February 22, 2007

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Concord Publisher's Note: Ask anything
By Dan Szczesny

If ever there were a time to draw attention toward the issue of global warming, this year is it.

And not because Democrats are in control in New Hampshire and in Congress,but rather because it’s primary season again, and politicians will pretty much listen seriously to just about anything you happen to corner them with. This is important stuff, folks — that humorless time that comes to New Hampshire every four years when national politicians will actually listen you, no matter how cuckoo your ideas may be.

The reason I mention global warming is that an environmental group, the New Hampshire Carbon Coalition, has pushed towns to adopt non-binding warrant articles supporting efforts to reduce carbon emissions and controlling climate change.

The gesture is pure symbolism, though it’s impressive how many towns the group has managed to convince to vote on the warrants. Don’t get me wrong. Global warming needs to be addressed to be sure, but putting a ballot together that basically says you like to breathe clean air seems, well, obvious.

But that’s where the first-in-the-nation primary comes in. I’m not a political junkie, but my bet would be that all the presidential candidates are in favor of clean air. After all, every word they utter is being put under a microscope and transmitted around the world almost instantly. They can’t afford not to give each and every inquiry all due gravitas.

So here’s what I am proposing. Let’s give them something to respond to beyond the typical “issue” questions. Instead of asking about national health care, ask John Edwards if he’d like to go jogging with you. Instead of wondering how Bill Richardson feels about steroids in professional sports, challenge him to a ping- pong match. Ever wondered what type of shoes Barack Obama buys? Ask him. Curious about what Hillary Clinton’s favorite Salma Hayek movie is? Fire away.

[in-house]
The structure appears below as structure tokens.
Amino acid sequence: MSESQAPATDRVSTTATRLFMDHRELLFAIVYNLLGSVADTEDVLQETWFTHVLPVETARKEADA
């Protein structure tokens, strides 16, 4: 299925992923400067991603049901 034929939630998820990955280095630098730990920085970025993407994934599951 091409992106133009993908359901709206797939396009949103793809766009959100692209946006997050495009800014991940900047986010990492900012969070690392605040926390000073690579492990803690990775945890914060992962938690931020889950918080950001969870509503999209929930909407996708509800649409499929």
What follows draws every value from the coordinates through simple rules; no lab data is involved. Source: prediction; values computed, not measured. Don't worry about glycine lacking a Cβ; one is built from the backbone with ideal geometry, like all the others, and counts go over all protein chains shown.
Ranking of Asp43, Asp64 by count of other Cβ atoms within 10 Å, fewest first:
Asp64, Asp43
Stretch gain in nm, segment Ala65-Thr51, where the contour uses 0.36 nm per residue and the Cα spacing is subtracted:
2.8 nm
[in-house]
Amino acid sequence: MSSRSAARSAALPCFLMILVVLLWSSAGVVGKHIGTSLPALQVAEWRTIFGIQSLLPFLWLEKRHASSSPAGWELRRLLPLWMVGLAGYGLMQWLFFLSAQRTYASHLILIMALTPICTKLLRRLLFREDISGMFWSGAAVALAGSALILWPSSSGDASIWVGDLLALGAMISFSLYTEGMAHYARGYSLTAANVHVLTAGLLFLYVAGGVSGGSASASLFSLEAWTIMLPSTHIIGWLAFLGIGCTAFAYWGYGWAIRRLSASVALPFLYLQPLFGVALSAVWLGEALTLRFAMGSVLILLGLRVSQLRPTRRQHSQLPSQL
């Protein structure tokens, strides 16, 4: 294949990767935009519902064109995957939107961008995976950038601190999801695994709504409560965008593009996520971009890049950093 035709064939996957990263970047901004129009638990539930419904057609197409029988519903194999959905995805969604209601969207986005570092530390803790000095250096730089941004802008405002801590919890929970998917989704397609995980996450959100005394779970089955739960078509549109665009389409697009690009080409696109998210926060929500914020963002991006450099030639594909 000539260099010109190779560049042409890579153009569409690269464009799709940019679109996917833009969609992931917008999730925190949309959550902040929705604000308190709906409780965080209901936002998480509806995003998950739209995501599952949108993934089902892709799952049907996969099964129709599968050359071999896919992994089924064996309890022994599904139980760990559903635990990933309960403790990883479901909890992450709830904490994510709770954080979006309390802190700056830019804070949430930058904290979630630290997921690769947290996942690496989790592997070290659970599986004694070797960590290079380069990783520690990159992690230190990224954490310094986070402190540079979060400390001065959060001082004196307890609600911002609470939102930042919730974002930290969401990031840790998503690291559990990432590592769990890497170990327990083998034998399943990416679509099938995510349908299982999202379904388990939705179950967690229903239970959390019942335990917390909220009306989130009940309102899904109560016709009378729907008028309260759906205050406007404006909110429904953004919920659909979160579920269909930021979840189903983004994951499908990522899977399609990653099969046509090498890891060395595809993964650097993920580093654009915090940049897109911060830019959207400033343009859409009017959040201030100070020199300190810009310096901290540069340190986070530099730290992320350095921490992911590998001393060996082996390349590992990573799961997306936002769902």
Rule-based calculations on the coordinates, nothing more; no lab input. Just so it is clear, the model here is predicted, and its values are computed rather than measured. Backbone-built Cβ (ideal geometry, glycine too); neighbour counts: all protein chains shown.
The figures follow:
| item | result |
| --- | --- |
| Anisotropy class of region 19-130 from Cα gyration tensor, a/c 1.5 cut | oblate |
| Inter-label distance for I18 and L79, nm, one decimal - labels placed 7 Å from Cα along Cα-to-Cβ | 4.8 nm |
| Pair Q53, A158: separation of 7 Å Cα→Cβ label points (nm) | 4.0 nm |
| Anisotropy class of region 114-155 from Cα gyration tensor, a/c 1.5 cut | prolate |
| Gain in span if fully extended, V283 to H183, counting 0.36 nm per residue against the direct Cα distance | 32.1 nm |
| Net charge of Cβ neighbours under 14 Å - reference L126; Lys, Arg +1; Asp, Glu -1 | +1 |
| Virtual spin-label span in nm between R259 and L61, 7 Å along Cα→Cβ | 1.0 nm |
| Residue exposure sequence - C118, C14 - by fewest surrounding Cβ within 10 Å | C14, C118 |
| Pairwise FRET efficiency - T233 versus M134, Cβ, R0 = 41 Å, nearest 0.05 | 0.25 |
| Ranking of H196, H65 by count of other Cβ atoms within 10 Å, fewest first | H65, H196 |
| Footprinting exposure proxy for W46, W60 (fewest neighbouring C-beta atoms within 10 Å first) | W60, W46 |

This would surly endear the candidates to voters, not to mention bedazzle a national audience. I took an impromptu poll around the office and here is a sample of some questions people would like the candidates to answer:

• What is your favorite comic strip?
• Quote a line from your favorite movie.
• What is currently on your iPod?
• What is your favorite junk food?
• Which 1980s sitcom character best represents you and why?
• Do you like me, or do you like me like me?
• What laundry detergent do you use?

The point is that these questions are actually fun, and interesting. Even better, I guarantee that if you ask Dennis Kucinich what his favorite vacuuming technique is, he will tell you, seriously, using big important words.

The national media considers New Hampshirites to be a bunch of folksy wisdom-spouting rubes anyway, so why not go for it? With more states trying to horn in on New Hampshire’s first-in-the-nation status, changing the tone of the conversation might actually do the state some good.

And if in the process one of the candidates actually figures out how to repair global warming, well, that would be just fine.